H0: µ = 300 Ha: µ < 300

This is a left tailed test since the alternative
hypothesis is µ < 300. To solve this problem easily,
select **STAT > TESTS > Z-Test** and enter the data
as shown on the screen. Select **Calculate** at the
bottom and **ENTER**.

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**The F Test **

The F distribution is used to test whether two samples are from populations having similar variances/standard deviations. The null and alternative hypothesis are as follows:

### H

0### : σ

12### = σ

22### H

1### : σ

12### > σ

22There is a “family” of *F Distributions. Each member of the family is *
determined by two parameters: the numerator degrees of freedom and the
denominator degrees of freedom.

As an example, suppose a manager of a taxi service wants to examine the time it takes to drive to SeaTac airport from South-Western Tacoma using two different routes, one using Highway 99 and the other using I-5. Since tight scheduling is a necessary part of the business, it’s important that the variation in the time of each route is kept to a minimum. From past experience it seems that the Hwy 99 route has much more variation and the manager wants to prove this to his boss. This test is conducted at the 5% level of significance.

The following sample data of minutes per trip on each route was collected
and entered into **L4** and **L5**:

To test the hypothesis on your TI-83/84 press **STAT > TESTS > **
**2-SampFTest** and enter the Stats data above. Remember that this is a right
tailed test. The output shows a p-value of 0.0405, so the null hypothesis is

2 2 2 1

16 rejected and you conclude that the Hwy 99 route does indeed have more variation. The p-value is less than the 5% level of significance, so the conclusion is that there is more variation in the HWY 99 route. In addition, note that the average time for both routes is nearly identical, it’s just that the HWY 99 route is more unpredictable. The taxi service will be late more often and may miss their pickups. They will also be early more often and be waiting around with nothing to do.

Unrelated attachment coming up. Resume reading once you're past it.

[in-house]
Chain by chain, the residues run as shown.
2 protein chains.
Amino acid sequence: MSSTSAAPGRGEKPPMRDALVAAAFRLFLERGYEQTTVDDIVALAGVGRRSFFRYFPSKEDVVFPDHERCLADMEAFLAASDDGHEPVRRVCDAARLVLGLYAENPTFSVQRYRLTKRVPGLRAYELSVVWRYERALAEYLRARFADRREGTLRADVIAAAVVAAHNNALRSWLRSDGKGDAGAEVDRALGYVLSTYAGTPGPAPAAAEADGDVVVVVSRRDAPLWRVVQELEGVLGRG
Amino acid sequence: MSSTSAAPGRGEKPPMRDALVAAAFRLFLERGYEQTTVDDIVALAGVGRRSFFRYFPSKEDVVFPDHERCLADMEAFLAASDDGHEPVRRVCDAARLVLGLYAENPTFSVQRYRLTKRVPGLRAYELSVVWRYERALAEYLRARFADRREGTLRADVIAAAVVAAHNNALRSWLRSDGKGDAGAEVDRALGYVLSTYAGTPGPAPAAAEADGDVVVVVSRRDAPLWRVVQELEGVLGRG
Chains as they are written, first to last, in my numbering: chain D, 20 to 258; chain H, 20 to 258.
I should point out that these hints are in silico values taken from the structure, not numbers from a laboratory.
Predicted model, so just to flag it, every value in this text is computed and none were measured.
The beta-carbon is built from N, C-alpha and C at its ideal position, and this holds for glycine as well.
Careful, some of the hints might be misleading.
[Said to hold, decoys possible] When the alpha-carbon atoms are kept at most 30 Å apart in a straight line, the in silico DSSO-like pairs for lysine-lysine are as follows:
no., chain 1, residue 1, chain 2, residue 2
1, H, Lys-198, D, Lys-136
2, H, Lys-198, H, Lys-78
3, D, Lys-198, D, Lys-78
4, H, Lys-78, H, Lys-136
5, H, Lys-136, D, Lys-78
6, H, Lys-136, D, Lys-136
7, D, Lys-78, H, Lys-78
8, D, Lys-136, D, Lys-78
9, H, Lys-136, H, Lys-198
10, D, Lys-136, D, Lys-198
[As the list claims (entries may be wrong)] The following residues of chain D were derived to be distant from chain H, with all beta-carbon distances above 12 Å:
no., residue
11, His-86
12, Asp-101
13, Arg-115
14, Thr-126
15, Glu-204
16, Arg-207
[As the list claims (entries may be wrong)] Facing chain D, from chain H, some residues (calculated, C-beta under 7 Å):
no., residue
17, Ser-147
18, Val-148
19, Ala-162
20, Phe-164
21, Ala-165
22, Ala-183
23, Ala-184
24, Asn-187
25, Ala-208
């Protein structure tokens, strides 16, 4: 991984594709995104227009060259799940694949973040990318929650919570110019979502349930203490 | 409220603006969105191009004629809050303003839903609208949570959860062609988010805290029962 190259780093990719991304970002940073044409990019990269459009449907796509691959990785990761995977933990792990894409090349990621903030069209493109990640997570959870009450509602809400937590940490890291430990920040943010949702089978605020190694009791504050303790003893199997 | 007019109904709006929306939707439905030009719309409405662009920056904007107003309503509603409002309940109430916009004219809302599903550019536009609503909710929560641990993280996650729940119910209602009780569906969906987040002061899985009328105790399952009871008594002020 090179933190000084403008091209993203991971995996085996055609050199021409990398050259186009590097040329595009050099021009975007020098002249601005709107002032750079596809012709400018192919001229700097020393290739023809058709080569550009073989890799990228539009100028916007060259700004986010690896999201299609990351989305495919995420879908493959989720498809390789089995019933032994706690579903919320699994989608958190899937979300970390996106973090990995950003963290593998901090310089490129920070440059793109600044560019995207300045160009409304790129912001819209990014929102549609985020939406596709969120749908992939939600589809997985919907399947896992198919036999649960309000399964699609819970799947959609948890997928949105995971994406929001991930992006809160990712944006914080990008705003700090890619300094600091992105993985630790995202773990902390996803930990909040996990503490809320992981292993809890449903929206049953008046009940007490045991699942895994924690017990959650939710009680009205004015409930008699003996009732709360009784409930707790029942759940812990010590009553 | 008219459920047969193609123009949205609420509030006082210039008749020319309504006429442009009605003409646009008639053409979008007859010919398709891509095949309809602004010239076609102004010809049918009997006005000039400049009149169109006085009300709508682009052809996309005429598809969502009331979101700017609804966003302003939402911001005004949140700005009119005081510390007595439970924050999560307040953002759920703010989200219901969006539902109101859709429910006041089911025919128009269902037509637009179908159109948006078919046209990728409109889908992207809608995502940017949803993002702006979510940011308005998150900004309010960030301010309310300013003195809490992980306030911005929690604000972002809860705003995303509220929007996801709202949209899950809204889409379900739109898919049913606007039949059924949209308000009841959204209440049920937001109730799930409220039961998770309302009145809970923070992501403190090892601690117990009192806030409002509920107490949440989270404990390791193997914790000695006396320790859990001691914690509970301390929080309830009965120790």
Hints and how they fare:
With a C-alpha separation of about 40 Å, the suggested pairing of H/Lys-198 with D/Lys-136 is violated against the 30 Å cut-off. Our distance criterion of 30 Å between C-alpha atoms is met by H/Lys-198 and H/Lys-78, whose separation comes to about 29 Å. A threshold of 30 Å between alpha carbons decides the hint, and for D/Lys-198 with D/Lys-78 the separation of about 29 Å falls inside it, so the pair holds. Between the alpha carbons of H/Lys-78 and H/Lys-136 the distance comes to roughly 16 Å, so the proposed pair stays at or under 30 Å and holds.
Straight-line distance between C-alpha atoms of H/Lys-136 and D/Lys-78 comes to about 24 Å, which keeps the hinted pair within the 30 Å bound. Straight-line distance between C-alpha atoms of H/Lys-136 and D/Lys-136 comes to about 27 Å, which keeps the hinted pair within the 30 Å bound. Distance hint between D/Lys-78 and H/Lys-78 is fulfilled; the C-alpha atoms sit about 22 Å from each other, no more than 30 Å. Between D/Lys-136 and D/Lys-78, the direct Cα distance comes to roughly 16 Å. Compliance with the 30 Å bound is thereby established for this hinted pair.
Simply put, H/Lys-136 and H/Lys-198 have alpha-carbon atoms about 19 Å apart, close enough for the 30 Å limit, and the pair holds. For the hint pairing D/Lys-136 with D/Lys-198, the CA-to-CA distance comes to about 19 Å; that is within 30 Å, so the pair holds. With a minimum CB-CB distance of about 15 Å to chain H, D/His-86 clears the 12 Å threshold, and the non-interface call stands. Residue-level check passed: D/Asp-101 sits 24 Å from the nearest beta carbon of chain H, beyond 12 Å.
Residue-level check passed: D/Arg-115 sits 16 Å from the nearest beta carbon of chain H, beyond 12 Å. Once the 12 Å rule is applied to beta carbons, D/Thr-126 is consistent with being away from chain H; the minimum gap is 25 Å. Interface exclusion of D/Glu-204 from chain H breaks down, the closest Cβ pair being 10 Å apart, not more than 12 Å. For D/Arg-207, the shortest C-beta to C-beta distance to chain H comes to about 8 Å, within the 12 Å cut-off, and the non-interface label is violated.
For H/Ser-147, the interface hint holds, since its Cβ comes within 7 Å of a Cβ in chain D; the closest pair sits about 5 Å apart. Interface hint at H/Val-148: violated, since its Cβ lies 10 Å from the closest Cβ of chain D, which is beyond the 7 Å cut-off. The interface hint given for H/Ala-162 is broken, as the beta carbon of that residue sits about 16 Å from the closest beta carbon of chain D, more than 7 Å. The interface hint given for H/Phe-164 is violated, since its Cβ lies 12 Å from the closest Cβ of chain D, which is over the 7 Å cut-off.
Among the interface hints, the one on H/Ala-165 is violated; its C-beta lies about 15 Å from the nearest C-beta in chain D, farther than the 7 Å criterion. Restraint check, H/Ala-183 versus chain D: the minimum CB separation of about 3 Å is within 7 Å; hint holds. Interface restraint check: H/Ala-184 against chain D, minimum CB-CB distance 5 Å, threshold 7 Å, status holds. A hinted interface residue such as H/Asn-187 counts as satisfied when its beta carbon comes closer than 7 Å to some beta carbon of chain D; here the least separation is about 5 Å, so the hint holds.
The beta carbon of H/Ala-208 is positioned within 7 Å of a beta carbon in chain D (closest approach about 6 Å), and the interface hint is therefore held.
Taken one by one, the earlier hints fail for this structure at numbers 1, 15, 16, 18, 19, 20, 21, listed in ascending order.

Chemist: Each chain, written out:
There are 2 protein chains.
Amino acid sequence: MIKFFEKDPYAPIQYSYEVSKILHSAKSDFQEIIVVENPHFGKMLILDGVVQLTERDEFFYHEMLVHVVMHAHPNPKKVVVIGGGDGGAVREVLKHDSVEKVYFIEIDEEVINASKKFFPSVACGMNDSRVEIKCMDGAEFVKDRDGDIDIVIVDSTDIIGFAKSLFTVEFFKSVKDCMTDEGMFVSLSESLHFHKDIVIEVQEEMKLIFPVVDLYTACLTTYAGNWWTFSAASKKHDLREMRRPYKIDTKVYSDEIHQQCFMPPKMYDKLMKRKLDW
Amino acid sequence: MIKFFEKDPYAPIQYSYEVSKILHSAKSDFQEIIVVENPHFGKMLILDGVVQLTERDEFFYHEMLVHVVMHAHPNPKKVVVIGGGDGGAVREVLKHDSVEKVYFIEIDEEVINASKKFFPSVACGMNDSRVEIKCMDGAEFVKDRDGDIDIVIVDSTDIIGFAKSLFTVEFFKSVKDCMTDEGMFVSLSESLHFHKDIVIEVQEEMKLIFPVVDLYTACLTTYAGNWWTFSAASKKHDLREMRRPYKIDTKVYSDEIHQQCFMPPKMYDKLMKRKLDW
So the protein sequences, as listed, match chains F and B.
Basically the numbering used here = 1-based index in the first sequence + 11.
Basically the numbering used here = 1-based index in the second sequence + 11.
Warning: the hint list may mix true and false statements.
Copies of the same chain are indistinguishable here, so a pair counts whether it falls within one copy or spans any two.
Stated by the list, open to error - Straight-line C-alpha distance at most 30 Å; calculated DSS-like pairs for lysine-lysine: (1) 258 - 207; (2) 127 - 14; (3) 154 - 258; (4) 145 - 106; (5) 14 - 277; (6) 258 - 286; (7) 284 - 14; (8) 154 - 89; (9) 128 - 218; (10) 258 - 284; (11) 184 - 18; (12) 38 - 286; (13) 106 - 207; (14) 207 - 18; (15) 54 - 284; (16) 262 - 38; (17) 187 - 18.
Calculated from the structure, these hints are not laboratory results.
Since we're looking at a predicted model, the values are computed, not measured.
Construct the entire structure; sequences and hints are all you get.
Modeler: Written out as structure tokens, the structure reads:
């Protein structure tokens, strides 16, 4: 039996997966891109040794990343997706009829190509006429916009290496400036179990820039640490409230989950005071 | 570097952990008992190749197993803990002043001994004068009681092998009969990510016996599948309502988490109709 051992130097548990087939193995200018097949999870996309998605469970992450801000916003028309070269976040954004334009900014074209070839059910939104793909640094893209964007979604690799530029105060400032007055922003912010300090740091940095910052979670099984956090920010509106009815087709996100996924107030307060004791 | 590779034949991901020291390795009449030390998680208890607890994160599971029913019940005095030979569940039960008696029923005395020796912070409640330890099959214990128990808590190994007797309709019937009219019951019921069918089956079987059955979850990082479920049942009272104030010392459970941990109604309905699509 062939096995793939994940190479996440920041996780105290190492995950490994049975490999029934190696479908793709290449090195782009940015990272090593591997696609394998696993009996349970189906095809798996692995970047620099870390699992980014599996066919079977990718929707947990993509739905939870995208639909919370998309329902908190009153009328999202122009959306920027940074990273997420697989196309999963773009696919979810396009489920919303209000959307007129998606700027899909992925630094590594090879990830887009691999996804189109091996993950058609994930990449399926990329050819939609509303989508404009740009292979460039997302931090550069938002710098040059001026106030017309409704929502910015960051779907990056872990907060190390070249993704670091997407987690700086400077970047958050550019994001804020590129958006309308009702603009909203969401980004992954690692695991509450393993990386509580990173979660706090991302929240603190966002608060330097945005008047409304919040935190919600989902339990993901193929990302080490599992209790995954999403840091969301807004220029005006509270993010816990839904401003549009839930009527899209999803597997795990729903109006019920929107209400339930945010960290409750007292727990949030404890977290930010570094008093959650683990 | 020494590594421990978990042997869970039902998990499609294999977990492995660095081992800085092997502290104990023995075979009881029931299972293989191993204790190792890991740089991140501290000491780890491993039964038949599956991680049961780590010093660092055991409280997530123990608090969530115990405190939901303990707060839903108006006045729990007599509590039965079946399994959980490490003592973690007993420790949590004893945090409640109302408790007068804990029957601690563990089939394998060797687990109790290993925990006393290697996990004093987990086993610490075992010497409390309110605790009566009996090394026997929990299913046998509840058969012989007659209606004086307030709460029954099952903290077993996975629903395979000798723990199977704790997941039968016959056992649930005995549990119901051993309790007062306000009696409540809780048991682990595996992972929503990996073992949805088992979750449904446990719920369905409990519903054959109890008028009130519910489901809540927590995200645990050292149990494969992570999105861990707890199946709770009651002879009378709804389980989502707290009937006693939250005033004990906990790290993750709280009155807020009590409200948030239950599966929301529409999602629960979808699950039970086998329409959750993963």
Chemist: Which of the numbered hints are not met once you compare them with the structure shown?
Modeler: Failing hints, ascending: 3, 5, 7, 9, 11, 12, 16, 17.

**ANOVA (Analysis of Variance) **

**–**

** 1-Factor **

Another use of the F distribution is a technique where we compare 3 or more population means to determine whether they are not all the same (at least one mean is different from another). Sample means are compared through their variances.

### H

0### : µ

A### = µ

B### = µ

C### H

1### :

The means are not all the same.ANOVA requires the following conditions be met:

###

The samples are randomly selected and are independent.###

The populations have equal standard deviations.###

The sampled populations follow the normal distribution.17 In the graphs below it appears that the means are not all the same – particularly when comparing the distribution of brand C with brand B. So we might expect our ANOVA analysis to show that the means of the three data sets are not all the same.

The next step is to enter the data for each into three separate lists, L1, L2,
and L3. Next, press **STAT > TESTS > ANOVA > ANOVA(L1, L2, L3) > **
**ENTER**. The results show a p-value of approximately 0.0000, and we
conclude that the means are not all the same. Reject the null hypothesis.
There is a difference in tire life among the three brands.

**Chi-Square Test with Contingency Tables **

The purpose of a Chi-Square Test is to compare an observed distribution to an expected distribution. Chi-Square techniques are appropriate for use with data in the form of frequencies (counts). The Chi-Square test should only be used if all of the observations are independent of each other. As a result, Chi-Square should not be used in repeated measures designs or for pairs of scores (paired; dependent).

18 The degrees of freedom is equal to:

df = (# rows - 1)(# columns - 1)

The expected frequency is computed as:

Expected Frequency = (row total)(column total)/Grand Total

Let’s look at an example:

Is there a relationship between the type of HMO health plan a consumer selects and the types of complaints received by the HMO? A sample of 150 calls received at a call center were classified by Health Plan and type of Complaint. At the .05 level of significance, can we conclude that Health Plan and Complaint are related?

To solve this problem we need to now put our data
not in a list, but in a matrix. Press **2nd > MATRIX **
**> EDIT > ENTER** to edit MATRIX [A]. Create a 2
X 3 matrix and enter the data as shown.

Now Press **STAT > Tests > X2 Test > Calculate**

19 The results show a p-value of approximately